Rubbish Christians Post on Facebook

UntitledI came across this the other day. I honestly can’t remember who posted it, (if it was you, I’m sorry) and I have no doubt the person meant well, but I really believe this stuff has got to stop.

It seems that Christians get far too caught up in liking and re-posting things that sound good, with little thought to whether or not they are true. Under the illusion that we are making a stand for what we believe in, we find ourselves merely propagating the idea that our faith is a house of straw that will be blown down with the first winds of reason.

As Christians, we are in possession of the greatest, deepest and purest redemptive truth the world has ever seen, and yet somehow we manage to reduce it to this sickening fluff.

How is it that the epic triumph of Jesus over evil can become glorified chain mail with a caricature devil and a spiritualised guilt trip?

Before you let yourself be guilted into ‘passing it on,’ ask yourself this: Does it do our saviour justice, and is it scriptural truth?

Because I can guarantee you this, the true army of God has the Word of God as its sword, and not some feel-good anecdote.

Advertisements

I love Social Media… or do I?

Apparently the emotions of love and hate are strongly related. I can see this in action in my feelings towards social media.

It’s tempting to say that I hate social media, but my actions betray me. If I dared blog about disliking it, I would be faced with an onslaught of friends crying ‘fraud!’ In fact the irony is obvious. I’m blogging about it. If I hate it, stop blogging!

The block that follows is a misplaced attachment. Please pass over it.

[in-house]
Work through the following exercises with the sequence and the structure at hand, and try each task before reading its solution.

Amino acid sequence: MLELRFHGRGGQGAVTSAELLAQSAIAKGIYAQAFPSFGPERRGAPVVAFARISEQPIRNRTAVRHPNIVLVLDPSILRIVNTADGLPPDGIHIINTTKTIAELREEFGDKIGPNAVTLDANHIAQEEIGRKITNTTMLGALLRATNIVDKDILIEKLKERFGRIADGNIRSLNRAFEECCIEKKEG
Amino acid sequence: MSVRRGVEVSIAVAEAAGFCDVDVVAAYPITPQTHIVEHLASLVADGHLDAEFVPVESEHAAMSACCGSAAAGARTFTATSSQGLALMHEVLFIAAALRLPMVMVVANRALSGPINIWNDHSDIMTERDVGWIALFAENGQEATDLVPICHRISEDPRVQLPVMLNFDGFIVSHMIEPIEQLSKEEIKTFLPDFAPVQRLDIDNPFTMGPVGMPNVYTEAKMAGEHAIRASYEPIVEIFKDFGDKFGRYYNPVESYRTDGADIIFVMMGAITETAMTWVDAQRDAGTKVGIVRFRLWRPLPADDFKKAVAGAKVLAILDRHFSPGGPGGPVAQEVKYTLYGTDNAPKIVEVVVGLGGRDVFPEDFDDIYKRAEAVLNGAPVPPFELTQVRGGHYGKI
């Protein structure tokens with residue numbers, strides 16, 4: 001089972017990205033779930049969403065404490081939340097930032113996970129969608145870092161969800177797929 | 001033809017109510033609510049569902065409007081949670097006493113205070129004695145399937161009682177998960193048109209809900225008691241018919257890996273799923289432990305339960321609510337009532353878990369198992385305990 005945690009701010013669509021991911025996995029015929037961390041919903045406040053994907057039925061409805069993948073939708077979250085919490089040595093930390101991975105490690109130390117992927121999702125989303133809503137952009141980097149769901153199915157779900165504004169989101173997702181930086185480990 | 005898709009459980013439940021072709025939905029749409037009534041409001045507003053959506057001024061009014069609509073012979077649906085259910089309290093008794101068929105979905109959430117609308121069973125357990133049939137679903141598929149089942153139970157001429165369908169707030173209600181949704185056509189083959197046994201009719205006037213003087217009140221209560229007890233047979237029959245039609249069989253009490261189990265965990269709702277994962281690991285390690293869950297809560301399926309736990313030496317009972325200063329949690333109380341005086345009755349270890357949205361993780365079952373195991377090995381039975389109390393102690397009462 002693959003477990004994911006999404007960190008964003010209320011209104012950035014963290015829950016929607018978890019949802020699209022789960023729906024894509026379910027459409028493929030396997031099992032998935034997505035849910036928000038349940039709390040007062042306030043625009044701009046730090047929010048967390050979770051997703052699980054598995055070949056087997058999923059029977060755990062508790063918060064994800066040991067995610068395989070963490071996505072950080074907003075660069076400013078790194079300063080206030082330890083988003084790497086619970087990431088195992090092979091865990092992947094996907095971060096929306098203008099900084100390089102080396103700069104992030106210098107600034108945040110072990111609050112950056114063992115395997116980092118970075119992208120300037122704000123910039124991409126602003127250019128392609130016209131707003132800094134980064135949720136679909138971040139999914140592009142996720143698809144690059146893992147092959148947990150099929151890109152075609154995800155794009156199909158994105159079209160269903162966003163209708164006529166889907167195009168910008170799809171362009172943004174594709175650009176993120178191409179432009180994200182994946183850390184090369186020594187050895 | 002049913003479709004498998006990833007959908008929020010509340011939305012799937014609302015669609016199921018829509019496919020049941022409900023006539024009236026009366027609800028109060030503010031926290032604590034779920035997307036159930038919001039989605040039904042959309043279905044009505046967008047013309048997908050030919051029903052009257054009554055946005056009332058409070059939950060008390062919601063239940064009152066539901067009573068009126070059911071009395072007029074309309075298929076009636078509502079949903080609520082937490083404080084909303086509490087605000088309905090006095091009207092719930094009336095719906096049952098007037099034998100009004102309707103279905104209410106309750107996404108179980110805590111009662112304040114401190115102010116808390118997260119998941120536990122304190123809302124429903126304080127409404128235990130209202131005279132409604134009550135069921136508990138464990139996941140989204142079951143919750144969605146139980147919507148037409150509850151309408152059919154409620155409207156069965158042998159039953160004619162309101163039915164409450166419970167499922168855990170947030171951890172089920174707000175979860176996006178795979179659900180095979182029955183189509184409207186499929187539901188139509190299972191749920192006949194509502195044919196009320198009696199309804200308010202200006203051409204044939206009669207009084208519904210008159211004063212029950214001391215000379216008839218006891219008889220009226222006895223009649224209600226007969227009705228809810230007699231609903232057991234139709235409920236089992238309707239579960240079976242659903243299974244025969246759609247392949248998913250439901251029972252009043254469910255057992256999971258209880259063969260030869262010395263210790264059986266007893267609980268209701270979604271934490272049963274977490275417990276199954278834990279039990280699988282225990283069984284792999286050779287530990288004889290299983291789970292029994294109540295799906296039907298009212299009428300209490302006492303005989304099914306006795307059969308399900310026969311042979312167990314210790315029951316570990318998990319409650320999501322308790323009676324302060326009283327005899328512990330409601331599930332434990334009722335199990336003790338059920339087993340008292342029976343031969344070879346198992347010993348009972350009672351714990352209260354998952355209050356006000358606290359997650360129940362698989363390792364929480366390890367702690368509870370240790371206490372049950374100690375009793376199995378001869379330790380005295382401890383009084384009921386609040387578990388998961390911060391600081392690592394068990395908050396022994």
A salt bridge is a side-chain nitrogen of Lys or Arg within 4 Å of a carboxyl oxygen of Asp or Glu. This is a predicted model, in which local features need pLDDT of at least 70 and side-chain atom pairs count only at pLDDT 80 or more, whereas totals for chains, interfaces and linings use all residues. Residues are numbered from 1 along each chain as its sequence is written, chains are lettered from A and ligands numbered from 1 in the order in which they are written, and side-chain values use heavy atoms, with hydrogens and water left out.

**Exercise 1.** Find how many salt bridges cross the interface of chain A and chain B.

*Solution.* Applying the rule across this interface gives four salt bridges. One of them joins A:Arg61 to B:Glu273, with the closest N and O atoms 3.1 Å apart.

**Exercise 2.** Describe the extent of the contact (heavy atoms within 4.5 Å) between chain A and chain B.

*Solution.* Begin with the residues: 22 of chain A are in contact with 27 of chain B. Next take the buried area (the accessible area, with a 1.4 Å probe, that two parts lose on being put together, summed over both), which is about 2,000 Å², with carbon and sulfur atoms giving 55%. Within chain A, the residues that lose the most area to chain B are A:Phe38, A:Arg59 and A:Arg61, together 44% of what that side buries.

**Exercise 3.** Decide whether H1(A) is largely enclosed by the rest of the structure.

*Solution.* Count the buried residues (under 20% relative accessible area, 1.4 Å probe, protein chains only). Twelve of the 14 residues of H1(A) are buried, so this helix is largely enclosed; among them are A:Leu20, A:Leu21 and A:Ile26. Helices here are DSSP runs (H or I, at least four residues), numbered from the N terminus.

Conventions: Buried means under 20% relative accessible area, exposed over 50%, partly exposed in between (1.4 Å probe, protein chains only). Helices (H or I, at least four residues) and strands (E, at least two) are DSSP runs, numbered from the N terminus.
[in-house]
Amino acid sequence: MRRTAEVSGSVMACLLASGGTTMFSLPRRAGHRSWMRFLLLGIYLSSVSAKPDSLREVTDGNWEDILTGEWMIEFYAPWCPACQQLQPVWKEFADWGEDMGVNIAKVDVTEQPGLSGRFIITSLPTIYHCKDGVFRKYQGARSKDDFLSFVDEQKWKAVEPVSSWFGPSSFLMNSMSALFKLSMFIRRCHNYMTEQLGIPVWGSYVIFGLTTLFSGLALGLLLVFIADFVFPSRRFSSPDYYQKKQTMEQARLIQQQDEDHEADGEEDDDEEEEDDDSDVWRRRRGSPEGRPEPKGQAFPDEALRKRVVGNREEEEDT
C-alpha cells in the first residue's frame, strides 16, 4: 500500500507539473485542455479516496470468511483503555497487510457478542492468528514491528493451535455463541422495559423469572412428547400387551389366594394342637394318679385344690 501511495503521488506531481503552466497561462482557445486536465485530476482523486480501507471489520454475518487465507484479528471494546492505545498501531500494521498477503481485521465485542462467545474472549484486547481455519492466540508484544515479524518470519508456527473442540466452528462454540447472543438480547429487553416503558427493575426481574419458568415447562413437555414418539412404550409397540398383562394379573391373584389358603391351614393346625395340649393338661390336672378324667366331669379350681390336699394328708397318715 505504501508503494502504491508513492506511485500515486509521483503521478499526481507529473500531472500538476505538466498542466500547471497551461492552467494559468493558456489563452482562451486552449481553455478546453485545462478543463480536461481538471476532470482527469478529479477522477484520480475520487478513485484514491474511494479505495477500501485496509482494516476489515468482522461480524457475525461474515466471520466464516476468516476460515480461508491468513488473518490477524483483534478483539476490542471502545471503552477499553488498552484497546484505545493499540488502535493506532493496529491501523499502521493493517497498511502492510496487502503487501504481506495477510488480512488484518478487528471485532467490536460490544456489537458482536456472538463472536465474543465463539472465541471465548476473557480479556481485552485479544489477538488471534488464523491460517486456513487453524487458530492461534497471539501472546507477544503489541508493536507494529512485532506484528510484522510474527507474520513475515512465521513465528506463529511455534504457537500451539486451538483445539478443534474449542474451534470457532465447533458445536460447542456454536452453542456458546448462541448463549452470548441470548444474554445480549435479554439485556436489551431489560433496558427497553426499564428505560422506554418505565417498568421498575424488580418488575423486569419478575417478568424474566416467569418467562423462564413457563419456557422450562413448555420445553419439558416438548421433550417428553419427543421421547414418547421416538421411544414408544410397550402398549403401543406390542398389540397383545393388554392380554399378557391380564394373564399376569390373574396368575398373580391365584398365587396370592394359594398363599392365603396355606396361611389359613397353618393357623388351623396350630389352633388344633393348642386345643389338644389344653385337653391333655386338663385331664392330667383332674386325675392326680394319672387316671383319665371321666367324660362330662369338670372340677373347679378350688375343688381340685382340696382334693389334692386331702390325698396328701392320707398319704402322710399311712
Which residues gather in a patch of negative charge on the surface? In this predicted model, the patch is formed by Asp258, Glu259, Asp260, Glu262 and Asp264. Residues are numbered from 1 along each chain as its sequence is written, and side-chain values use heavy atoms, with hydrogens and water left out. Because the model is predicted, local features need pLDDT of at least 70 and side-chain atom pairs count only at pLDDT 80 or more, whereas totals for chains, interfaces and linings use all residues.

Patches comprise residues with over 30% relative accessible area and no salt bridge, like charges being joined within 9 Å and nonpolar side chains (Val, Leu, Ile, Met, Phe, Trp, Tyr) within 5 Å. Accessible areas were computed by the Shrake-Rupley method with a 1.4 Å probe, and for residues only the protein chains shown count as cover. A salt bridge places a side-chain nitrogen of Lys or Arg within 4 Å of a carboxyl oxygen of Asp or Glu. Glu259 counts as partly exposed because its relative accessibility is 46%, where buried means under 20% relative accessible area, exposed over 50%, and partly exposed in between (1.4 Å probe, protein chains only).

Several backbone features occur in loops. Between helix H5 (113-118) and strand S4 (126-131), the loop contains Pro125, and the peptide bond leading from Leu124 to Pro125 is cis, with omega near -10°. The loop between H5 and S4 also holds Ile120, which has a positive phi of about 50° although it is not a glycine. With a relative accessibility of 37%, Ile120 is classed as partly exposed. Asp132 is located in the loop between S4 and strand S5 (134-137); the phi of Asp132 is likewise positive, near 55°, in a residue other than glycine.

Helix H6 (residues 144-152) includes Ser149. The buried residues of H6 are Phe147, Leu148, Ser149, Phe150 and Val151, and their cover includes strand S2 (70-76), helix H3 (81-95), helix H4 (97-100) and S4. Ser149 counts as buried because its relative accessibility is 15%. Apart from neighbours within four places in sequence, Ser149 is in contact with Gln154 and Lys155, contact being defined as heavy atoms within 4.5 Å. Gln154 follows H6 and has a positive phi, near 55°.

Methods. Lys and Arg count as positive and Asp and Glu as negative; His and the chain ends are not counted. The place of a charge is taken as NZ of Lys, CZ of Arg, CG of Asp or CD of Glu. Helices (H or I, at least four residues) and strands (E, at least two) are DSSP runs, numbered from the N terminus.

ff7e6836af97118327bf303f4de4aba7So, I’ll have to face the truth: I love social media. Not all of it, but there’s no denying that Facebook has become an extension of my right hand or that there is now a filing cabinet on the creative side of my brain labelled ‘WordPress.’

So how can I simultaneously love and hate it? My ponderings have led me to this conclusion: Loving something too much can lead to obsession; as we obsess we hand power to the object of our obsessions. Even Nick Thompson, from Wired magazine said of the iPhone: “There are a lot of people who have a problematic relationship with these devices where the device becomes the master and they become the servant.”[1]

Somehow, by our own doing, this inanimate data, somewhere out in the ether, begins to control us. And so we do what humans have done for centuries with an object of obsession: We hate it. But we can’t destroy it, because it has a hold on us.

Do you ever worry about the hold that social media has on you?


[1] Thompson, Nick; in: Maushart, Susan. The Winter of our Disconnect. Profile Books, London. 2012